The Scorpion Rules is the first volume in Erin Bow’s Prisoners of Peace series.
The children of the Precepture school live under the gaze of watchful cameras monitored by a powerful AI (Artificial Intelligence). The students are there to make their own small contributions to world peace. Each child at the school is the child of a national ruler. Each is hostage for their parent’s good behaviour. Nations can choose to go to war if they feel the national interest demands it, but if they do … the child hostages of all warring states involved will be immediately removed from class and killed. It’s a harsh system but it has worked as planned. Wars have been short and total casualties limited to a few thousand per year, despite the immense challenges encountered during four centuries of catastrophic climate change.
Greta Gustafsen Stuart, Duchess of Halifax and Crown Princes of the Pan-Polar Confederation, is one of the hostages. She hopes to live until she reaches the ripe old age of eighteen, at which point she will be released from the school. Failing that, she hopes to die with dignity. She does not consider escape. The AI will surely prevent that.
Elián Palnik is from a new nation, the Cumberland Alliance. A farm kid, he grew up in obscurity. He never expected to be sent as a hostage. But when his grandmother Wilma Armenteros became Cumberland’s Secretary for Strategic Decisions, Elián was drafted as his nation’s hostage.
The other children arrive at age five; they are raised to expect their noble mission, and once at the school, indoctrinated to be biddable hostages. Not so Elián, who is in no way keen on doing his bit for peace or submitting to school rules.
It seems that war might break out between the Cumberland Alliance and the neighbouring Pan-Polar Confederation. Which means that both Greta and Elián would die. Nevertheless, Greta does her best to help the new boy fit in. Which takes some time (and some mass punishments and a bit of torture) before Elián accepts, at least for the moment, his new role.
Back in Cumberland, grandmother Wilma Armenteros is faced with a looming water shortage. The obvious choices are unpleasant ones: population reduction (mass death or migration) or war with the PanPols, which means sending her grandson to his death. Armenteros thinks she’s found a third option, one that will extract some extra water for Cumberland and spare Elián.
Cumberland forces descend on the school in a surprise strike. They now hold all the hostages. Surely this will keep the AI at bay and bend the PanPols to their will.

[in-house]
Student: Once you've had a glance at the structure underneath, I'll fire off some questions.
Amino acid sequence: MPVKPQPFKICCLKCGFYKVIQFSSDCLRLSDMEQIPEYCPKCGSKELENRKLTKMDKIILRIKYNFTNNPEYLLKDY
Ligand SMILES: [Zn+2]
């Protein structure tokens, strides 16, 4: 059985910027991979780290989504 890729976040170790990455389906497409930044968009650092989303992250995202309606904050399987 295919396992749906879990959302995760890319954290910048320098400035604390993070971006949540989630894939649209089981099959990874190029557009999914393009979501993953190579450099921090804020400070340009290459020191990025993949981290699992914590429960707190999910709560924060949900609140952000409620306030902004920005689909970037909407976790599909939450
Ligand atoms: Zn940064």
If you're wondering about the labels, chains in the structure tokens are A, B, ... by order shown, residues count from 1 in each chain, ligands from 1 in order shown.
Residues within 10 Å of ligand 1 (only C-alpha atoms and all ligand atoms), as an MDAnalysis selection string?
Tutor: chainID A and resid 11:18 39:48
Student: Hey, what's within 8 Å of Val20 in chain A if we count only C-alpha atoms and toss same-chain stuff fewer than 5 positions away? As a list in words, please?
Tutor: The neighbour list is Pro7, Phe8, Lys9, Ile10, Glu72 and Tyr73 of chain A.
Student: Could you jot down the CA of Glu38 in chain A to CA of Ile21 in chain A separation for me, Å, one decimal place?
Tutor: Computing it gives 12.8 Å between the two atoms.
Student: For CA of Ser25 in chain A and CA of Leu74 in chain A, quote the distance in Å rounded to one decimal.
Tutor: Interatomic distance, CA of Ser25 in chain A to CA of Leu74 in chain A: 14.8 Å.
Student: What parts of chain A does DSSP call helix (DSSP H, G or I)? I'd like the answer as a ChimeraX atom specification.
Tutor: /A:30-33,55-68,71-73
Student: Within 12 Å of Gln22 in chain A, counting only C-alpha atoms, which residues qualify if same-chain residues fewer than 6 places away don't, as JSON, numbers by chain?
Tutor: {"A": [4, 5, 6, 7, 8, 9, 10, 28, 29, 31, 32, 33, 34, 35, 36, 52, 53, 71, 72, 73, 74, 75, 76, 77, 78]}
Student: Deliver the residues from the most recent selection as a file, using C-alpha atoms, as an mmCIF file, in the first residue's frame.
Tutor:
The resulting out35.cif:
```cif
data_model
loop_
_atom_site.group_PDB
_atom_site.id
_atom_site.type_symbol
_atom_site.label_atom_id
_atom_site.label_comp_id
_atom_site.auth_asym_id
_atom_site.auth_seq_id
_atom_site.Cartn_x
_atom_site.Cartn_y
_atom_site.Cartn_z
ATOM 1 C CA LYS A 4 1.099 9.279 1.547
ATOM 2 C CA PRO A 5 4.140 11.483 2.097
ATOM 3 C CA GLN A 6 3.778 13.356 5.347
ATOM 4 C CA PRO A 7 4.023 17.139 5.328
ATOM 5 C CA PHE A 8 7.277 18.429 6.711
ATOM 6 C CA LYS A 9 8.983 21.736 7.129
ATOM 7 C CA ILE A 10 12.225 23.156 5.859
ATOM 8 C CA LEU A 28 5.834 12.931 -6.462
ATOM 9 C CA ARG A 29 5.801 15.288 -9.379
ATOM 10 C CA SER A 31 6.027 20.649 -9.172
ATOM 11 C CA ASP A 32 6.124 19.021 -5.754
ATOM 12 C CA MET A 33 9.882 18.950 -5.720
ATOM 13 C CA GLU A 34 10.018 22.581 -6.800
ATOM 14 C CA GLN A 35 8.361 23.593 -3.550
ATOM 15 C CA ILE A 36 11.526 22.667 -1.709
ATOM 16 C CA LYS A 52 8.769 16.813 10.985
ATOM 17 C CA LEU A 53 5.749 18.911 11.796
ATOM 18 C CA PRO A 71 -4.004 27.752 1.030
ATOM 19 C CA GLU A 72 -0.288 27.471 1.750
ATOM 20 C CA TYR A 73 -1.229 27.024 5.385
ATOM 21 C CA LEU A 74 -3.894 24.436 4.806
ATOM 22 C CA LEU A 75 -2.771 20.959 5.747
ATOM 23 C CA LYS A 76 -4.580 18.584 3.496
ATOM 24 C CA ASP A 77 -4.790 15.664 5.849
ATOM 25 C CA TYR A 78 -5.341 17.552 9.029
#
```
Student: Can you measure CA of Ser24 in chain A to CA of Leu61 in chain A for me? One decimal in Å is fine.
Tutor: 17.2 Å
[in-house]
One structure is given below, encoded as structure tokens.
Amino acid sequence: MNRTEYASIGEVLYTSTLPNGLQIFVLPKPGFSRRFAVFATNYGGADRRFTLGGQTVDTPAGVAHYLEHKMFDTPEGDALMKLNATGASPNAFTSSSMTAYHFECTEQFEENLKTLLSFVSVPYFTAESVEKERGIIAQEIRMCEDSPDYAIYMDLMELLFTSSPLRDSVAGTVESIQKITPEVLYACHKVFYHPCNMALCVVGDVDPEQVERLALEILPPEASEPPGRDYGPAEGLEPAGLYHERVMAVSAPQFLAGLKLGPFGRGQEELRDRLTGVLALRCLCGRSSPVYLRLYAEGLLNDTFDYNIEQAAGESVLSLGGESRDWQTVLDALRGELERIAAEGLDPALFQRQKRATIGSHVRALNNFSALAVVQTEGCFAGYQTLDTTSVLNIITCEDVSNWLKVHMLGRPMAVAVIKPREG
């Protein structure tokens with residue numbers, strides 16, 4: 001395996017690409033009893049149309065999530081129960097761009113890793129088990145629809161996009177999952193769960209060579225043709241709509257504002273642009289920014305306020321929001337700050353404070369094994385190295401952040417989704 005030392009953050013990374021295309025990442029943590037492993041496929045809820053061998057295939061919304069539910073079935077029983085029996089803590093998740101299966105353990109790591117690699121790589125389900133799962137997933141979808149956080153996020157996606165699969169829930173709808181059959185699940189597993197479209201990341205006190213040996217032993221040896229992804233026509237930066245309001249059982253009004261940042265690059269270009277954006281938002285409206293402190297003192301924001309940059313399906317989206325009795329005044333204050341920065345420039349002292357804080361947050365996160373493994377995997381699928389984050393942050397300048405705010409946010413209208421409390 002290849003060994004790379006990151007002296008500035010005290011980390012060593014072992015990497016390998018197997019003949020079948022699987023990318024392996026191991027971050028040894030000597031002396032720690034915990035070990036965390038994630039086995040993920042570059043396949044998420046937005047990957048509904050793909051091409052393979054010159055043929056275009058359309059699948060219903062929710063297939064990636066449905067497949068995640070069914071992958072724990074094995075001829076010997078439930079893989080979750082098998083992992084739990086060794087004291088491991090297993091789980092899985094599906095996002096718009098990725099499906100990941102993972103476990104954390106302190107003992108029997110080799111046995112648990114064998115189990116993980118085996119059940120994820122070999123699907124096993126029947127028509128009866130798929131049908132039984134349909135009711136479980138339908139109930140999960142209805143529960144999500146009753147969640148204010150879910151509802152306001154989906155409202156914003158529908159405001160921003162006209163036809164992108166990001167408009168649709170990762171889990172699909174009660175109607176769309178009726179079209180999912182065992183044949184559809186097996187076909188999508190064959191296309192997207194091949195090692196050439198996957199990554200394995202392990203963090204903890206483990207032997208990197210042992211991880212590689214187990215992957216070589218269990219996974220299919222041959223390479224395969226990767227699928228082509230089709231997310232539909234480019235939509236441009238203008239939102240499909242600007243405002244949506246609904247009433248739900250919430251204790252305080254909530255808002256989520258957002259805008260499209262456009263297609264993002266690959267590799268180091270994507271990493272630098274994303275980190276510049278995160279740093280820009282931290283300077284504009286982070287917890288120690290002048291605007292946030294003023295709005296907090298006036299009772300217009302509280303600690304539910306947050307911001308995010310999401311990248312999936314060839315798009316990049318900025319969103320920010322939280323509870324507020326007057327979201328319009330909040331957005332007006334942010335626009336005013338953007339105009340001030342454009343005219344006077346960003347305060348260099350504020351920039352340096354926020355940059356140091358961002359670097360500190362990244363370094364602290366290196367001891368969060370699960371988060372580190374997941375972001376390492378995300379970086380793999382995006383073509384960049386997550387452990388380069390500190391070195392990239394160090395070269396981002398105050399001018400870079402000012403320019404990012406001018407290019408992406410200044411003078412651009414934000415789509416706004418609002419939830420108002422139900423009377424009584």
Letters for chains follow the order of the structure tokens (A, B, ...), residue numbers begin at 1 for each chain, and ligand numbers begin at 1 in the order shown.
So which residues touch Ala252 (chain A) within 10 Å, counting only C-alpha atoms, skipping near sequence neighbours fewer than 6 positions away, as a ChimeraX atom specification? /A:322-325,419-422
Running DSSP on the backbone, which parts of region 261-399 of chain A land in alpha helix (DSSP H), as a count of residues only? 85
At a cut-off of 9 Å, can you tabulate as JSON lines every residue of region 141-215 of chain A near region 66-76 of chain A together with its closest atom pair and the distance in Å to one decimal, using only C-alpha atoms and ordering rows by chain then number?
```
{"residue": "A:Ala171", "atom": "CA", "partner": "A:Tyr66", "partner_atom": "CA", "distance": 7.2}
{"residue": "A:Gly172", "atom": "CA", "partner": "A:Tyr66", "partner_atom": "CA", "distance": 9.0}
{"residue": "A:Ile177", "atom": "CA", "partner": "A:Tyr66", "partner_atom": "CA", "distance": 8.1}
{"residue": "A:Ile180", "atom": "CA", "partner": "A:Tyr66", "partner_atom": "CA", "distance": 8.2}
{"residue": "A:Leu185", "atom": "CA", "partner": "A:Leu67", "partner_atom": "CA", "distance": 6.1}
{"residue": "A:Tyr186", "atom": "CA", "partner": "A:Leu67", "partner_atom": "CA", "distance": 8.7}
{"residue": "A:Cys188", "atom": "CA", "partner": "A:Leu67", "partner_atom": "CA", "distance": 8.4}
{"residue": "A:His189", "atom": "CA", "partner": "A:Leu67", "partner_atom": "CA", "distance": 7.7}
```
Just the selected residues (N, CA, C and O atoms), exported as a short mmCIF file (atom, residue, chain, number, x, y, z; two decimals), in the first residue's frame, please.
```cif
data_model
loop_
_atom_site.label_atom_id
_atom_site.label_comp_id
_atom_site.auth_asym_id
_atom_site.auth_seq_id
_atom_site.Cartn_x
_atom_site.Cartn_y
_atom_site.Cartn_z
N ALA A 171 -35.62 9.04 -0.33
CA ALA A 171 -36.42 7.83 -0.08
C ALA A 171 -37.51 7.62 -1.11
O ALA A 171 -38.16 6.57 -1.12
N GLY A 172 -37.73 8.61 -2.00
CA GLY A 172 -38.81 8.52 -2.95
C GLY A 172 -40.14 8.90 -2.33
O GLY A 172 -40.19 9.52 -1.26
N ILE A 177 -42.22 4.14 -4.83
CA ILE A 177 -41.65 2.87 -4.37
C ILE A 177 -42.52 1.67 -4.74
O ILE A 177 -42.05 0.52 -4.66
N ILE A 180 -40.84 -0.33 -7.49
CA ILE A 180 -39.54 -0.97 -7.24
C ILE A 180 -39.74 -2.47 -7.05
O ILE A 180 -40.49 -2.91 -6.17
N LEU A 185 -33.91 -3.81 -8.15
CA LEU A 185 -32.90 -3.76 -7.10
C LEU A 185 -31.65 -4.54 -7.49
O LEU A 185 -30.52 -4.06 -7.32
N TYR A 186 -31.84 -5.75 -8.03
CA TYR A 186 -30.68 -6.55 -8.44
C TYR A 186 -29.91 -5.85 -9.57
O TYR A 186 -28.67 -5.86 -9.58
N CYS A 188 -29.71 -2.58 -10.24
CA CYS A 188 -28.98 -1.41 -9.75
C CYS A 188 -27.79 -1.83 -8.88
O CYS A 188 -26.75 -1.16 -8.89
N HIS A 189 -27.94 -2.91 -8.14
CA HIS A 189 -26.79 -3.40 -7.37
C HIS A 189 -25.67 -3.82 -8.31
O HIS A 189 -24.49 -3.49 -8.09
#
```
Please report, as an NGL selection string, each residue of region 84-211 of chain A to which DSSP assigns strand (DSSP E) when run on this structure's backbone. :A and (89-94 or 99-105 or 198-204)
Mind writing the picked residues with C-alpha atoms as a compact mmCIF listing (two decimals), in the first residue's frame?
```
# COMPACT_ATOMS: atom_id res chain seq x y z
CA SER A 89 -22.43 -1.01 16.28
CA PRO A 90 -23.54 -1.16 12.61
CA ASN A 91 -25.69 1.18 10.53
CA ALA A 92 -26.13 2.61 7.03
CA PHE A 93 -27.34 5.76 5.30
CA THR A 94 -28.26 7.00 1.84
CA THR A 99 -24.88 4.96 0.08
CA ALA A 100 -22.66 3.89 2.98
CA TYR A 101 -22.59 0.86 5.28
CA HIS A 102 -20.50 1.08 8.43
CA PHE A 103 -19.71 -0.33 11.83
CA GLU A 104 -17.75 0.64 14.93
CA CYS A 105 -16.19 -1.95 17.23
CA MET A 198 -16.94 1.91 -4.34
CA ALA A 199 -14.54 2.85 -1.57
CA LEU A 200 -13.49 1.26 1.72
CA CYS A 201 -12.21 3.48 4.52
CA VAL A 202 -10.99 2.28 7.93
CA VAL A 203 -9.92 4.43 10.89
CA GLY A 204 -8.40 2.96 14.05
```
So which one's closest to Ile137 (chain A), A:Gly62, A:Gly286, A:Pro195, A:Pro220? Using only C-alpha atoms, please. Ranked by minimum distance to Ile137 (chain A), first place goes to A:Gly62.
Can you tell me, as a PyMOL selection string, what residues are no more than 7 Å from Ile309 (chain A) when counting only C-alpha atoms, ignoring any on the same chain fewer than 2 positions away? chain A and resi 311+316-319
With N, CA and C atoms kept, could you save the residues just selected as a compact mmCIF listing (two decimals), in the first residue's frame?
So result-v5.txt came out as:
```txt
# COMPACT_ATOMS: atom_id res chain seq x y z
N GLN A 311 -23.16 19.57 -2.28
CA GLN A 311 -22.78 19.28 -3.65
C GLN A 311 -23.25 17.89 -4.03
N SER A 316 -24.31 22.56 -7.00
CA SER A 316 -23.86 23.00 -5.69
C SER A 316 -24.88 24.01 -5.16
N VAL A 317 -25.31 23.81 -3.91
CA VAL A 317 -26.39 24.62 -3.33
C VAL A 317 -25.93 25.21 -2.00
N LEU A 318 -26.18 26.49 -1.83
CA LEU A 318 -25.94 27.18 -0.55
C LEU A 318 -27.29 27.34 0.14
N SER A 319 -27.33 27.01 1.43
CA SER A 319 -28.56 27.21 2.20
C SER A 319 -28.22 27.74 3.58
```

Wilma has not reckoned with the utter ruthlessness of Talis, the AI who rules the school, the AI who conquered the Earth.
Talis puts in a personal appearance in the novel. It becomes clear that he’s not the smartest being on the planet, just the most powerful. He controls a web of orbital weapons that can wipe out any resistance. While there are a few other AIs, for reasons explained in the book they are not all that common. Isolation and the quest to save humanity from itself seem to have rendered Talis colourfully eccentric, if not insane. Which might not be what you want in an AI who can wield utter destruction from orbit.
One obvious flaw in the hostage scheme is the one that King Stephen discovered in 1152, when he threatened to kill a captive, William Marshal, the future 1st Earl of Pembroke, in order to force William’s father to surrender his castle. William’s father replied ““I still have the hammer and the anvil with which to forge still more and better sons!” Happily for William he was neither hanged nor launched from a trebuchet.
Sydney Carlow, son of the governor of the Mississippi Delta Confederacy, isn’t so lucky; he is chosen to show that Talis plays for keeps. The AI’s system gives a certain advantage to sociopaths and psychopaths who won’t mind losing the odd heir in pursuit of other goals. After all, one can have more children1.
It is not clear to me why wars are limited. Once a ruler2 declares war, they’ve killed their own child or grandchild. Having paid the life of the child, isn’t it rational to try to come away from the war with enough to justify the outlay? It seems to me the Sunk Cost Fallacy would be a difficult cognitive trap to avoid.
Reader may wonder why kids don’t simply get up from their morning breakfast (omelette and bacon) and wander away from the school. Even if the robots were to allow it (which they do not), the Saskatchewan of four centuries hence is not an inviting land. Knowing they would be trading possible death for certain death, and betraying their nation to whatever punishment Talis deems suitable, there are none who walk away from omelettes.
Plucky Greta is offered multiple opportunities to show her protagonist-worthiness. When a Swan Rider appears to take a child to death, she waits calmly to find out who the victim might be. She resists the grotesque measures the Cumberlanders use to try to bend PanPol to their will.
She even gets to enjoy a romance. Not with the person you might guess. Read the book and find out who!
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1: I suspect if that uterine replicators exist, rulers are not permitted to just decant a dozen or so hostages whenever the supply runs low. Talis takes steps to keep the parent-child bond in place even after the child is surrendered to the schools. I would also guess that mass-producing expendable kids would tend to undermine that bond.
2: The prevalence of monarchies is said to be an unintended side-effect of the hostage system. Presumably, the devolution of nation states into what appear to be smaller principalities is also a side-effect, although it seems to me the more neighbours, the more opportunities for war.